After picking up my Service pass at the counter of the Arsenale two days before the end I headed through the curtain covered entrance to inspect how did the promises held up. Some pavilions and installations offered to add things during the Biennale, some suggested to create learning spaces and produce things on the spot. In the end, most have failed.

‘Process’ is particularly difficult to exhibit — it cannot be observed from the start to the end and parts of it is always behind the scenes. Pavilions and installations focusing on ‘processes’ at the end often looked like abandoned spooky houses — somebody was there, attempted something, but long they are gone. What was left were some bizarre stories and legends floating in the air. These processes and event spaces represented a psychological decay. Ideas and ambitions during six months slowly evaporating to thin air.

Handrails at the Austrian pavilion.

Other pavilions with a more ‘static’ concepts were slowly decaying. Big traffic, long duration and harsh climate did not help to preserve a sharp image. Not to mention that using white colour for walls and floors, fabrics and natural wood did not work out well. White spaces became grey, fabrics dirty and smelly, wooden surfaces and handrails nasty. It was clear that during the final days everybody stopped caring.

It seemed that there is no real purpose of having biennale for six months. Nothing better is achieved through this time, only extra dirt and decay is collected. Even the argument that more people see it, the better, does not seem a valid one. People unhappily run around the spaces, often without stopping and mindlessly take pictures of eye-catchy installations, like the one of BIG, which in essence had nothing to do with the theme of the Biennale and was there only to advertise their projects in the USA. I stood for a while in a room where Caruso St. John did a piece on the facades. Nobody stopped, nobody cared.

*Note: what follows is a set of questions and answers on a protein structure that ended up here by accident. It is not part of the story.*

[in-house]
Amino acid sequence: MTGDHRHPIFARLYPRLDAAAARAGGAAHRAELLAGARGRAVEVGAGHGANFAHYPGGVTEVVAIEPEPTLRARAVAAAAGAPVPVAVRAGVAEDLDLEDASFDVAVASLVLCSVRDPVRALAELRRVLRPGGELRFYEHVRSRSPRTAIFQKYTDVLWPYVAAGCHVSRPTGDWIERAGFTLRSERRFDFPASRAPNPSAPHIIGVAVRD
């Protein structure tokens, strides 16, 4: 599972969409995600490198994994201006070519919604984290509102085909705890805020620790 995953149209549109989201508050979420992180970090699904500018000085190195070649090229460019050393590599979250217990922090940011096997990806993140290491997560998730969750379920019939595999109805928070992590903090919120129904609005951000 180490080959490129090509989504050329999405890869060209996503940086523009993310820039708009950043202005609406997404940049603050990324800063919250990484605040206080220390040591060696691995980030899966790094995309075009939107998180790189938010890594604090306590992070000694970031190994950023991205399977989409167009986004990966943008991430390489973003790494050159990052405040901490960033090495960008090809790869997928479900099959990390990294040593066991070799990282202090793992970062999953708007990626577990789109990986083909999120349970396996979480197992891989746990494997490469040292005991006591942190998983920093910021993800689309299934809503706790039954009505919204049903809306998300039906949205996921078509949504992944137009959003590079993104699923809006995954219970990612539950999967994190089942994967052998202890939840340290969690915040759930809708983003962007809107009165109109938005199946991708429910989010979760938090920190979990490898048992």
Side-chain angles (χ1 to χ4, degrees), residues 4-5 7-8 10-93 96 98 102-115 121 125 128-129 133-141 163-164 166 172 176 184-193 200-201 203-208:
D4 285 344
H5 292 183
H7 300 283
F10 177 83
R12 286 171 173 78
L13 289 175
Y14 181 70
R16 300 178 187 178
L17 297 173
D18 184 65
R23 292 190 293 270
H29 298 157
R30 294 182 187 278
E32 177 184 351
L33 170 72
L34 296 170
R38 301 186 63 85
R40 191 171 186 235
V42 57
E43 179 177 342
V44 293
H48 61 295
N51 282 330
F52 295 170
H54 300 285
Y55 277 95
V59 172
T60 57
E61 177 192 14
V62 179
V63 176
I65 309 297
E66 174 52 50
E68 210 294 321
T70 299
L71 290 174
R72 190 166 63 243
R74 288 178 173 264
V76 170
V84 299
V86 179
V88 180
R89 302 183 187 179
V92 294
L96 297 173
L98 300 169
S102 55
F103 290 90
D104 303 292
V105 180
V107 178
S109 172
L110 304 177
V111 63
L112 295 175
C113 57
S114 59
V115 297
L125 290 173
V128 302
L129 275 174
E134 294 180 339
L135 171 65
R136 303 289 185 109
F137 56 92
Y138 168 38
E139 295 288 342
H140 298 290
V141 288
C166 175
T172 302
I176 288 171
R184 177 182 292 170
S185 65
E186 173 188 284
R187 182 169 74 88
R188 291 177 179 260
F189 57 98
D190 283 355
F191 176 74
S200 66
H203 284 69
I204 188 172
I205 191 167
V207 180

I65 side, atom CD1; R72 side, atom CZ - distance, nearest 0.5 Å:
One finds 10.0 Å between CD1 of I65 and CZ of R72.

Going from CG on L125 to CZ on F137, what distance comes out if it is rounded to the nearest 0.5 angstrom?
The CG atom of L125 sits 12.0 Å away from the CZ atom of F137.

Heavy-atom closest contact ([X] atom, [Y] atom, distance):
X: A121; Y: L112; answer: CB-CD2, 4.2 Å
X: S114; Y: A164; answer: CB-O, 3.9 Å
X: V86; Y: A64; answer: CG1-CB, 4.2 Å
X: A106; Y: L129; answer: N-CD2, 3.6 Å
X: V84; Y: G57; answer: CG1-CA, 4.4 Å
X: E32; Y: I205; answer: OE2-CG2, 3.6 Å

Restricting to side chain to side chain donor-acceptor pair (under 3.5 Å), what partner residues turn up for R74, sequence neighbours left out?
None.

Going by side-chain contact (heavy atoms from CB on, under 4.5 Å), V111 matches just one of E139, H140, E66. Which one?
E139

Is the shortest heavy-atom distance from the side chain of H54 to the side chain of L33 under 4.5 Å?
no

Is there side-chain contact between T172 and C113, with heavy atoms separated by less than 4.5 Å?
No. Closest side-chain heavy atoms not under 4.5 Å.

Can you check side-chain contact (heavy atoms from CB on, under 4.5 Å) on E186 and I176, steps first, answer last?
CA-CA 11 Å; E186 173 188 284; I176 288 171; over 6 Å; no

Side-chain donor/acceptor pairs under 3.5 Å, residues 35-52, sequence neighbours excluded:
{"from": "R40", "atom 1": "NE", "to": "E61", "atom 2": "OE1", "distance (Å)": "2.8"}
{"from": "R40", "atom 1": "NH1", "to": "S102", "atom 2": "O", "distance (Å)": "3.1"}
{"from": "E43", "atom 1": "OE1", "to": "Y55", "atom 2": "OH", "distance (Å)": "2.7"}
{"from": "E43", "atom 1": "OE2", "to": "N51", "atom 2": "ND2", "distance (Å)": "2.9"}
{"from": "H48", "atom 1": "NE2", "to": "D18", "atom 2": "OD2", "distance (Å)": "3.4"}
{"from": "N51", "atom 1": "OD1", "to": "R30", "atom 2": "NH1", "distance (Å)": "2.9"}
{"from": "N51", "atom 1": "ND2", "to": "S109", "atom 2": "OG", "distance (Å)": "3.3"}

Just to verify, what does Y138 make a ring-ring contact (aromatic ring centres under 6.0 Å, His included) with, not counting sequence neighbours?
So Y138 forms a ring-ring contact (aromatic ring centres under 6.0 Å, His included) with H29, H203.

Room by Caruso St. John.

Can I blame anybody for the lack of excitement? Probably not. I too wasn’t too happy seeing what I considered the saddest thing in the Biennale — The Fuji Kindergarten by Tezuka Architects. This 11-year-old project is featured on every existing architectural website, every biennale, triennale and quadrenniale in the world. And yet Yvonne Farrell and Shelley McNamara curators of the Venice Biennale of Architecture 2018 managed somehow to squeeze this project to fit their theme ‘Freespace’. Terrific acrobatics.

But the most bizarre installation in the Biennale was by Dorte Mandrup. A very upraised piece on conditions of Greenland during the last days of the Biennale was worn-off to the level that I genuinely thought it was planned like that. Plaster, paint fallen off the walls, even the title text was damaged, holes in the floor. Not mentioning that everything white was dirty. I must say, it honestly looked awesome, until somebody explained to me that it was simply run-down. What a disappointment. Slowly decaying installation would have been great.